History in Blue: 160 Years of Women Police, Sheriffs, Detectives, and State Troopers. 335 pages. Author, Allan Duffin. Kaplan Publishing.
In 1893, Chicago's mayor gave Marie Owens the title of "patrolman," even though she had no authority to walk a beat. She did "women's work" and was a patrolman in name only. Throughout her 30 years of service, she was never allowed to wear a uniform. It would take nearly a century for women to be able to join the police ranks as full-fledged officers. Even today, women comprise just 15 percent of the nation's nearly one million law enforcement officers. Spanning 160 years, History in Blue is the first book to tell the riveting story of the uphill struggle for respect and recognition sustained by women in the modern police force. Featuring rare photographs and original interviews with pioneering female officers, this fascinating book chronicles the ongoing fight for equality in the world of law enforcement. In this vivid and remarkable history, Allan T. Duffin tells of the extraordinary women who broke down the barriers of gender so that they and many generations of successors could do the work they loved most.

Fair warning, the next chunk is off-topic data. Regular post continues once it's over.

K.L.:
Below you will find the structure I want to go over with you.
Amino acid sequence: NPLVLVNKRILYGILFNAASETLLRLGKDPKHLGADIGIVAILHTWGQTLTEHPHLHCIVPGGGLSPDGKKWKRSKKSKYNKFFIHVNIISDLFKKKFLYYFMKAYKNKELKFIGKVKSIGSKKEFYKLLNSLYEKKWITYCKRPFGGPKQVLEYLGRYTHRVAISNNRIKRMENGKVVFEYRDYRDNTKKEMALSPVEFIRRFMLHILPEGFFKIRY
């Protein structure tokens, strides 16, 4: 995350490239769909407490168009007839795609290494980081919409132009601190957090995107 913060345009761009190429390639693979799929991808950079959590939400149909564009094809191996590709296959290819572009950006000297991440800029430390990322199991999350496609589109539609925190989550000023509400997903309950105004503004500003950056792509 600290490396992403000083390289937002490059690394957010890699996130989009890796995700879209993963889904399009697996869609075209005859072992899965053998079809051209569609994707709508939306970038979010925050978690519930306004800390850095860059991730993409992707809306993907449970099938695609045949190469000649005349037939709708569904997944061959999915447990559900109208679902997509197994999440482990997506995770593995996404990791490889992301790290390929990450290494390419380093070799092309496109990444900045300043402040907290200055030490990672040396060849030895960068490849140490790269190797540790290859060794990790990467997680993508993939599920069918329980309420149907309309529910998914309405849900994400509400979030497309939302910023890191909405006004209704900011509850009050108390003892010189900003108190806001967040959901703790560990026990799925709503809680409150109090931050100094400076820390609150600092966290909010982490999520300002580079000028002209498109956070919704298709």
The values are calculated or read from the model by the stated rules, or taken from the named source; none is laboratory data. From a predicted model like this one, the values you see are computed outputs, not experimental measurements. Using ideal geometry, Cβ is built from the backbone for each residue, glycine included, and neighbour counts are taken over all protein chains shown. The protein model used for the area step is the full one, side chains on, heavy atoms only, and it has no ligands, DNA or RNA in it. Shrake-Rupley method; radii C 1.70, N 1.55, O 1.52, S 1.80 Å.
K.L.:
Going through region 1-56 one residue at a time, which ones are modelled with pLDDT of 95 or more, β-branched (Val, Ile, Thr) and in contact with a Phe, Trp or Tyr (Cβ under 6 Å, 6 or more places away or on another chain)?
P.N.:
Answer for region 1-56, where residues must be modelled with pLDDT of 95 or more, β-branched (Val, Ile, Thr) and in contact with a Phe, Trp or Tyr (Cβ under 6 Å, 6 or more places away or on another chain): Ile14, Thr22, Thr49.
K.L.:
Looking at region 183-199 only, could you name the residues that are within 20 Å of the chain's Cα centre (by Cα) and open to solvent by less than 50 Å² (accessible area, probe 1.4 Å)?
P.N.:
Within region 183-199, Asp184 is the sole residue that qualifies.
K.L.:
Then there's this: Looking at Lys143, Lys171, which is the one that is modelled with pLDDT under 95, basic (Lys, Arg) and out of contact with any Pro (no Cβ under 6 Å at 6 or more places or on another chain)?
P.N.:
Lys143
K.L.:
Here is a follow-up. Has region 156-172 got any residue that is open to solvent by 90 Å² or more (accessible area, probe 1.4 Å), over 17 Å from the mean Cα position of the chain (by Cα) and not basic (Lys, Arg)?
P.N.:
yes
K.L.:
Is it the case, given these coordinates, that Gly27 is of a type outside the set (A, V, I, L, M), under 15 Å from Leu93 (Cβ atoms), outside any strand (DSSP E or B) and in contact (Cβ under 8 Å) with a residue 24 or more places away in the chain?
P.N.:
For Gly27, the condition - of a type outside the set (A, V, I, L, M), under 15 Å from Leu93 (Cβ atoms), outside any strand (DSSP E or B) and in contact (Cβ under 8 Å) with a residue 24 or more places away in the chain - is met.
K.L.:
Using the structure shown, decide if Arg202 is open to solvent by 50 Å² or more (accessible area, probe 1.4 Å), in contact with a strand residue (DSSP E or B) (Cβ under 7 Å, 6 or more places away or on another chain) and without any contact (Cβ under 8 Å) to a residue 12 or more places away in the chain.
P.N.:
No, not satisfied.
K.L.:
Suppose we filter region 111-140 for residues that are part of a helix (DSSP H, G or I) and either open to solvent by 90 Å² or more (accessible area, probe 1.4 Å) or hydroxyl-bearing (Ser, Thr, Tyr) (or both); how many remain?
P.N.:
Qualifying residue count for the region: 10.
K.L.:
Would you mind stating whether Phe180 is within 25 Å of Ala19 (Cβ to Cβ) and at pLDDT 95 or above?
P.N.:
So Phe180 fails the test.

This Colorful history of women in American law enforcement brims with stranger-than-fiction episodes and unforgettable characters whose complete stories have never been told until now. Whether ferreting out cross-dressed German spies in New York City during World War I, breaking up forced-prostitution rings in San Francisco, or exposing international drug cartels in Indianapolis, the uniformed women featured in this book fought a brave double battle for equality and an end to crime. Historian Allan Duffin offers an exhilarating celebration of ordinary women who chose to serve their communities in extraordinary ways.
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